Police in Los Angeles have revealed that a cache of guns has been stolen from cargo containers that were left unsecured on railroad tracks earlier this month.
‘People were… breaking into these containers and stealing firearms, tens of firearms,’ LAPD Chief Michel Moore told the Board of Police Commissioners on Monday. ‘That gave us the great concern as a source again of further violence in the city as people were capitalizing on the transport of these containers with having little or no policing or security services there.’
DailyMail.com on Wednesday reached out to the LAPD, but a spokesperson could not say how many guns were stolen from the rail depot in Lincoln Heights.
She said the investigation was being handled by the Union Pacific rail company, which has not immediately responded to a request for a comment.
Moore said police last week arrested six people in connection with a spate of cargo heists, which made national headlines after drone images showed piles of debris left behind by bands of marauding thieves.
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Police in Los Angeles say ‘tens of guns’ were stolen from freight containers at the city’s Lincoln Heights depot earlier this month
People rummage through items stolen from cargo containers littering Union Pacific train tracks in the vicinity of Mission Blvd in Los Angeles on January 15
A couple from Los Angeles walk on the railway piled with debris left behind by marauding bands of thieves
The sight of the ransacked train depot littered with discarded packages earned an unflattering comparison to a ‘Third World country’ from a disgusted Gov Gavin Newsom when he visited the area to help with its cleanup last week.
‘Despite all the attention brought to this, and despite the ongoing efforts by Union Pacific to solve some additional security elements, we still have people that are still drawn to this location,’ Moore told the Police Commission.
LAPD Chief Michel Moore told the Board of Police Commissioners on Monday that he is concerned about the guns that were stolen from train containers
LAPD Deputy Chief Al Labrada, whose command includes the Lincoln Heights depot, told the paper that police have recovered ‘numerous guns’ from people claiming that they came from freight containers.
Union Pacific said that over the past two years, an average of 90 containers a day have been burglarized on tracks running through Los Angeles.
The freight thefts have led to acrimonious finger-pointing between the rail company and Los Angeles County District Attorney George Gascon, with Union Pacific accusing the progressive prosecutor of being soft on crime, and Gascon blaming Union Pacific for having lax security.
In December, Union Pacific sent a letter to Gascón asking for more aggressive prosecutions for cargo thieves and an end to the no-bail policy for some defendants that Gascon wants to keep out of jail to reduce overcrowding during the pandemic.
‘These individuals are generally caught and released back onto the streets in less than twenty-four hours. Criminals boast to our officers that charges will be pled down to simple trespassing – which bears no serious consequence,’ the letter from UP’s California director of public affairs Adrian Guerrero said.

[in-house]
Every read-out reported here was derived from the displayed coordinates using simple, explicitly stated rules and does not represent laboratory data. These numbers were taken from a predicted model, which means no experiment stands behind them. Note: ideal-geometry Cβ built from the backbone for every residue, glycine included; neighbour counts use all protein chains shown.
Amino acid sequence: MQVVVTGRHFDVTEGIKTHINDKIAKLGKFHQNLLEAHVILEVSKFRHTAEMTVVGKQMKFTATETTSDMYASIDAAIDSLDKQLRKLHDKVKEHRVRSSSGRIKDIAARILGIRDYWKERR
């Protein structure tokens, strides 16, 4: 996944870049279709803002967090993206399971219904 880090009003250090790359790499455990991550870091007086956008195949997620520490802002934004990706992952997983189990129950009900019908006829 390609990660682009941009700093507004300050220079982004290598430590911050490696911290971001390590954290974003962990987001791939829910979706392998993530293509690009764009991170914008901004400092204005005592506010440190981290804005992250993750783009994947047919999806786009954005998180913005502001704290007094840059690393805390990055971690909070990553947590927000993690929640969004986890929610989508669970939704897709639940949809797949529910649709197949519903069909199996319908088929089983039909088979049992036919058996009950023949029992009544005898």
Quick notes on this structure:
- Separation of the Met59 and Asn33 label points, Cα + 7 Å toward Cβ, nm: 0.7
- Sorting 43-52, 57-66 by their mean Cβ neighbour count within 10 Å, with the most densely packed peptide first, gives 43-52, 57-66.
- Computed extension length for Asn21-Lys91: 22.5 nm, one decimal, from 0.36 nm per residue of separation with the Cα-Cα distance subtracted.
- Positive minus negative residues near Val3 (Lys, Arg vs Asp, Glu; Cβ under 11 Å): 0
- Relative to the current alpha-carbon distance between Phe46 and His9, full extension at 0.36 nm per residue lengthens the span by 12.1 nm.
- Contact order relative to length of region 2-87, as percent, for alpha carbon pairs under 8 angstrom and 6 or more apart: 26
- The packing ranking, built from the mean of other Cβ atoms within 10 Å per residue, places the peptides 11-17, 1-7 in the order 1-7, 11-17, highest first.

Gov Gavin Newsom likened the railroad in LA to a ‘Third World country’ when he visited the site to help clean it up
Newsom, center, was disgusted by the spate of raids on cargo containers nearing downtown Los Angeles
UP said it experienced a 160 per cent increase in criminal rail theft in LA County over the past year.
Gascón’s office had previously said it was ‘committed to working with law enforcement to ensure collective safety across Los Angeles County’s sprawling infrastructure, whether it’s at our ports or on railroad tracks.’
However, on Friday, Gascón wrote a strongly-worded letter back to Union Pacific saying they filed fewer criminal cases to his office than in 2019 and 2020.
‘According to LAPD Deputy Chief Al Labrada, UP does little to secure or lock trains and has significantly decreased law enforcement staffing,’ he wrote. ‘It is very telling that other major railroad operations in the area are not facing the same level of theft at their facilities as UP.’
The California Highway Patrol said Thursday it was expanding its own retail theft task force that will allow it to beef up patrols and better coordinate with police, the sheriff’s department and Union Pacific’s security force. Union Pacific and other railroad firms employ their own police forces accredited by the state to protect its rail lines.
Los Angeles District Attorney George Gascon is taking shots at a railroad company that begged for his help to stop train thefts
Gascón is under fire for failing to crack down on a recent spike in violence and property crimes, with robbery rates up more than 7 per cent as of January 22, compared to the same time last year.
He won over voters last year with promises of sweeping criminal justice reforms that critics say put the interests of criminals before the safety of the community, Fox News reported.
Gascon said of rising crime rates: ‘The reality is that we go through these cycles, and we go through the cycles for a variety of reasons … In many ways we cannot prosecute our way out of social inequalities, income inequalities, the unhoused, the desperation that we have.’